Ron Korb & Donald Quan,
Tear of the Sun
(self-produced, 1990; 2000)

Here's the story: the Sun created the Earth. It was so beautiful it moved the Sun to tears, and that tear became the Sun's daughter. She had to drink from only one magic spring, and one day a taste of some other water made her deathly ill. Friends and family worked to restore her. And a couple of exceptionally talented musicians captured the story in flute, percussion and string for Tear of the Sun.

I'm not sure which mythology "Tear of the Sun" is drawing from. This tale of the Sun's daughter, her flute-playing friend and the creation of Earth has elements of so many myths it could be from anywhere. Listening to the music, it doesn't really matter. Rarely does an instrumental so completely captured the tension and resolution of a story, the joys and fears of its characters. Ron Korb's flute paints the grander moments in dramatic colors, while the background instruments supply subtler shades of feeling and moment. The chill midway through, presumably for the princess' illness, is almost palpable. Yet even when the music grows more somber, there's an expansive, creative feel to Tear of the Sun.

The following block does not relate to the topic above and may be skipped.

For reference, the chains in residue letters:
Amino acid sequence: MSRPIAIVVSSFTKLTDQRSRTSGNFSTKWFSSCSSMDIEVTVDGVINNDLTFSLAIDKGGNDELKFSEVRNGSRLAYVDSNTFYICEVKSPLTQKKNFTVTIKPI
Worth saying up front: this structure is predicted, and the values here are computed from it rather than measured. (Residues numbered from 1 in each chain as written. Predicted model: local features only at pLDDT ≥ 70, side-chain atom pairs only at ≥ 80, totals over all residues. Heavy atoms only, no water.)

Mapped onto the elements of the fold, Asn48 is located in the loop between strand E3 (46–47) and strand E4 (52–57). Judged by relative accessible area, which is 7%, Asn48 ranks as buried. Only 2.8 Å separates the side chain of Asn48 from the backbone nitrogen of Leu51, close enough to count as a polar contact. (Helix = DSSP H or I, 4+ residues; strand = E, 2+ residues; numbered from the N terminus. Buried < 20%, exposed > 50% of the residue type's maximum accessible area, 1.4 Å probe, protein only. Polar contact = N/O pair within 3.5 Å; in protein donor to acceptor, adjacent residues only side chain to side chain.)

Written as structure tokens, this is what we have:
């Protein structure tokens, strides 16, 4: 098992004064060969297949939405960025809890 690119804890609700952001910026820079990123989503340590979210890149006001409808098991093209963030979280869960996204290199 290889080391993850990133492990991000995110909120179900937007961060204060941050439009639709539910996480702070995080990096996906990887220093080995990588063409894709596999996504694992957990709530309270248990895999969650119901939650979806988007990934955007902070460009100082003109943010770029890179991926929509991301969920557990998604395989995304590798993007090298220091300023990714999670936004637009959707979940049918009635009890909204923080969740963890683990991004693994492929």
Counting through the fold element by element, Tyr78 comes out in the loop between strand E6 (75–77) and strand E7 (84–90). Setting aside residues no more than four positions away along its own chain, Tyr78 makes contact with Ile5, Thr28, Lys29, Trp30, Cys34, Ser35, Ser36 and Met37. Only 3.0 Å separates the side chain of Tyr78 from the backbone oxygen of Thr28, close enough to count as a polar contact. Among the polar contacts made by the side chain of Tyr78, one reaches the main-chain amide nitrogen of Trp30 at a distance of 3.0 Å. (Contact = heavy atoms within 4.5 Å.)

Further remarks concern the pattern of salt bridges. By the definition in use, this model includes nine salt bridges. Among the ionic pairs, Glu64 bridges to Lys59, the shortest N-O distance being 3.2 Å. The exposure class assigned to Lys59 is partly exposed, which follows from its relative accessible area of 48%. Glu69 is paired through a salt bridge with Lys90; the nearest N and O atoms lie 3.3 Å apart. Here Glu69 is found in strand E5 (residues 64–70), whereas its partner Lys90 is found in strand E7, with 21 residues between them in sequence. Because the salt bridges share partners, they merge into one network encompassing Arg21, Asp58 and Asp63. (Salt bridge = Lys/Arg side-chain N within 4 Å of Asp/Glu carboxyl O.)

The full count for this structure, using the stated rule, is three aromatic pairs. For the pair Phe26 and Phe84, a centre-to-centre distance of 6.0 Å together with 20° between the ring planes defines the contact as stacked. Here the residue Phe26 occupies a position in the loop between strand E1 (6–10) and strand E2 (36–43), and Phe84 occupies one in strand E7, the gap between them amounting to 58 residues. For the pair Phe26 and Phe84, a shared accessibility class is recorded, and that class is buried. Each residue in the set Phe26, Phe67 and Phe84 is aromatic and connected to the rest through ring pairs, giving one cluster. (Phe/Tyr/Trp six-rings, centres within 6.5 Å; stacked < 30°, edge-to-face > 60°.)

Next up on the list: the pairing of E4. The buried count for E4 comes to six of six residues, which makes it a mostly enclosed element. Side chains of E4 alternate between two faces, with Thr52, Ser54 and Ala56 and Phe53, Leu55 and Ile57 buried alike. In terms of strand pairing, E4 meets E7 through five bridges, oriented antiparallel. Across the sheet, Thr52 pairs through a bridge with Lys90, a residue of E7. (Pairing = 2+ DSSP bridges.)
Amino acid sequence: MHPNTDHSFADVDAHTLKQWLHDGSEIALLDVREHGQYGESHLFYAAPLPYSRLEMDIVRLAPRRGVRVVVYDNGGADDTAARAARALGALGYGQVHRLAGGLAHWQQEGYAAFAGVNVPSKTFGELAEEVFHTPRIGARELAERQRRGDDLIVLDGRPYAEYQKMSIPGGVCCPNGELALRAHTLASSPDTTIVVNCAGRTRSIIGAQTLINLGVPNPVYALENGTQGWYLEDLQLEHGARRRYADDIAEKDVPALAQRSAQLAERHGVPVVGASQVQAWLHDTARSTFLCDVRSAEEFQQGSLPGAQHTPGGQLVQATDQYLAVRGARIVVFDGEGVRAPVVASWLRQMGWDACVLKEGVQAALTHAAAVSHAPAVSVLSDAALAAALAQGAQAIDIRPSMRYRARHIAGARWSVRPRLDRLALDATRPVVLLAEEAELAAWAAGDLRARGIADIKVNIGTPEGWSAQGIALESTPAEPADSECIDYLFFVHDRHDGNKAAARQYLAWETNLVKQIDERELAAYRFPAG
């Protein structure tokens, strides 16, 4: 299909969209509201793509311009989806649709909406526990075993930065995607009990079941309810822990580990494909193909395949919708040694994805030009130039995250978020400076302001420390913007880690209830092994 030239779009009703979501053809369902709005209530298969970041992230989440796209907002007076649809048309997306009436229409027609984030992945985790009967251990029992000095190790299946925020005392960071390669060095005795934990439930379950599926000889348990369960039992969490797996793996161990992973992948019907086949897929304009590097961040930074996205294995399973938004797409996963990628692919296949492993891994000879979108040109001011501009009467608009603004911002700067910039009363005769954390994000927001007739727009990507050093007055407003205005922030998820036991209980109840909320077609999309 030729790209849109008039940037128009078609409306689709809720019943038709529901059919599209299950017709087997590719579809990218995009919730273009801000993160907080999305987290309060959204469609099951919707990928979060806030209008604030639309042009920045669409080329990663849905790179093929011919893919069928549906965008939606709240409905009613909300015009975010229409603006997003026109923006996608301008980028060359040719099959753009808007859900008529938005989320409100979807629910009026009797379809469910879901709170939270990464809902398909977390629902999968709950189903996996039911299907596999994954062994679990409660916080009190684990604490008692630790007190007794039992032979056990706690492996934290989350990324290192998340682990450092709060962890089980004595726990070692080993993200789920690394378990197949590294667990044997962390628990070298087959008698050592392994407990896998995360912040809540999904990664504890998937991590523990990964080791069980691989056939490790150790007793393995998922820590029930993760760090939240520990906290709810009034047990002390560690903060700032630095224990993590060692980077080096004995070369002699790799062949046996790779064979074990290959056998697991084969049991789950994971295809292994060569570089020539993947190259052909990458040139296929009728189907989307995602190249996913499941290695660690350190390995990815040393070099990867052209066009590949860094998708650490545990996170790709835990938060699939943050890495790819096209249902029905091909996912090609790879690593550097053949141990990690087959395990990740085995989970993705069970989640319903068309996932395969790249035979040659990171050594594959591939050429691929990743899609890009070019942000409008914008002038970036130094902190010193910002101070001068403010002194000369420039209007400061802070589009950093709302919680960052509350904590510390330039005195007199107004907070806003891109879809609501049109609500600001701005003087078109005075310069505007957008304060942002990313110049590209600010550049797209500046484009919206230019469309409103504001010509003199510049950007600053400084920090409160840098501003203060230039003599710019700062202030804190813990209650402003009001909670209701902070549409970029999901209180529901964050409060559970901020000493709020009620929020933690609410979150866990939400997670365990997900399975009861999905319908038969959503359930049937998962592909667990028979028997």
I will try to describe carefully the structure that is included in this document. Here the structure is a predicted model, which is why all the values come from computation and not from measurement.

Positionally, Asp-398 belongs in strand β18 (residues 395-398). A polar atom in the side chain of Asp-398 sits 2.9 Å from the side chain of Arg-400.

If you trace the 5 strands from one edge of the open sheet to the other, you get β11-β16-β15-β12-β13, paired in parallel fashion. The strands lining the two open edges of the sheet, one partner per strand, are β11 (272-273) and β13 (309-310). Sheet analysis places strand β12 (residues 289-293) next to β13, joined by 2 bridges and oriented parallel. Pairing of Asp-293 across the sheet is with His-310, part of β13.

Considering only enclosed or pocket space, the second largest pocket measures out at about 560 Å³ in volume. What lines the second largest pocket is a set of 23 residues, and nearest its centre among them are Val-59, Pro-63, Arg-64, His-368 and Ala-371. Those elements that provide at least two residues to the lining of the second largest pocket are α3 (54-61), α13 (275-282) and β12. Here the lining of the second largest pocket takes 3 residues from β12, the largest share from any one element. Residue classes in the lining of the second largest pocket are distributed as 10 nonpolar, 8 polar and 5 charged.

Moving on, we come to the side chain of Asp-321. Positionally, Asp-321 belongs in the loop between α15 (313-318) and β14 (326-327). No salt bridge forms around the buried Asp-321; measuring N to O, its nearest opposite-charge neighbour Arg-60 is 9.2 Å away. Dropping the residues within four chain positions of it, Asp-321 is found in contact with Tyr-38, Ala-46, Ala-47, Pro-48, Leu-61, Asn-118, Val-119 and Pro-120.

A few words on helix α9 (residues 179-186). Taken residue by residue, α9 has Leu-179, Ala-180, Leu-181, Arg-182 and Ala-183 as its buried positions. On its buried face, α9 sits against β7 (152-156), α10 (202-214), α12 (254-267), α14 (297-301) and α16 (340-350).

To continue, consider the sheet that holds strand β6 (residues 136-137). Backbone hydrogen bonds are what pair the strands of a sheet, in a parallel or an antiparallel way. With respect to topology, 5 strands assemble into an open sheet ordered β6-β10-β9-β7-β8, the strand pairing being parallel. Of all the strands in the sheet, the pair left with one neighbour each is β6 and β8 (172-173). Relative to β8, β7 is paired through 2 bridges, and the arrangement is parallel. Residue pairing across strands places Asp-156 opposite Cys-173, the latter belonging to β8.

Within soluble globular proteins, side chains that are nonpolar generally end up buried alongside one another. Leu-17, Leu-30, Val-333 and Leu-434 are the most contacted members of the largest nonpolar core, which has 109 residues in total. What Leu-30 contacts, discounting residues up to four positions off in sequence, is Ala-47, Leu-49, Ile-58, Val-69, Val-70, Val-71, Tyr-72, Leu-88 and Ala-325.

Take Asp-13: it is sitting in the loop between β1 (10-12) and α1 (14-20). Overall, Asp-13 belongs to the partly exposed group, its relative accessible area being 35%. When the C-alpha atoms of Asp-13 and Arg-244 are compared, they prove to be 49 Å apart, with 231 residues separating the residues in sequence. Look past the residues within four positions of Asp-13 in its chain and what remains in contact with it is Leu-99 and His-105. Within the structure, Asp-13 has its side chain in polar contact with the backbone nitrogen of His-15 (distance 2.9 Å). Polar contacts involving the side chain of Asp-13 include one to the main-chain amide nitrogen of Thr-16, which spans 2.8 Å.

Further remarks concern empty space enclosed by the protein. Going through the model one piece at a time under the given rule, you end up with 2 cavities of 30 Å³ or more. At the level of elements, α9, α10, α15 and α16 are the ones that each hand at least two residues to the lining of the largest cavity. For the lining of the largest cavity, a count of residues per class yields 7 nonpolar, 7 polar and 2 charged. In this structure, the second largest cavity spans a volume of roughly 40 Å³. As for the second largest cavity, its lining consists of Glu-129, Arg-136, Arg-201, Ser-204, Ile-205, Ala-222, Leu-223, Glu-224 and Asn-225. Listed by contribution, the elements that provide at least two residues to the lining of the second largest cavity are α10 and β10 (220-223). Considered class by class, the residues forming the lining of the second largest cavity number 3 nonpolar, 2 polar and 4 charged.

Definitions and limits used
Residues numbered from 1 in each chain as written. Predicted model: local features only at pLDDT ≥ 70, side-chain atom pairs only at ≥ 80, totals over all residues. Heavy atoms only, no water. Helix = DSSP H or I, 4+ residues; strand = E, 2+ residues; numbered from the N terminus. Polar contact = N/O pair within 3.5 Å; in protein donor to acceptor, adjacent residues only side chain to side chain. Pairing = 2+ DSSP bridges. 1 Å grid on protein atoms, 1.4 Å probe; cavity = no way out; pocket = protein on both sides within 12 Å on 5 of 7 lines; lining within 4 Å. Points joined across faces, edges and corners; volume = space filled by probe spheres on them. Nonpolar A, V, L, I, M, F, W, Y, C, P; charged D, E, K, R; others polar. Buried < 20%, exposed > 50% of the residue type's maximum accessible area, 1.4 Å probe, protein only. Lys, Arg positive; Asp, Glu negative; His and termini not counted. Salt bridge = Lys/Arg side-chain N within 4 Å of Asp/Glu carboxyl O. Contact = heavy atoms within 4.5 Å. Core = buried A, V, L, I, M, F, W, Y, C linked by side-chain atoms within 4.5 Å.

This is a creation story of a sort, and creation is an expansive thing. It's also a terribly tricky thing to try to capture in any medium. Ron Korb and Donald Quan have proven themselves up to the task. Tear of the Sun is the disc to have playing while you're working on your own magnum opus, or just making dinner. There's some serious creative energy bottled in this music.

Those expecting traditional Japanese music will be disappointed. Though a Japanese influence is noticeable, especially in tracks four and five, Korb has used it create a musical style unique to himself. For those looking for a traditional approach, albums exist. For myself, I'm seeking out more of Korb's work.

[ by Sarah Meador ]
Rambles: 21 September 2002

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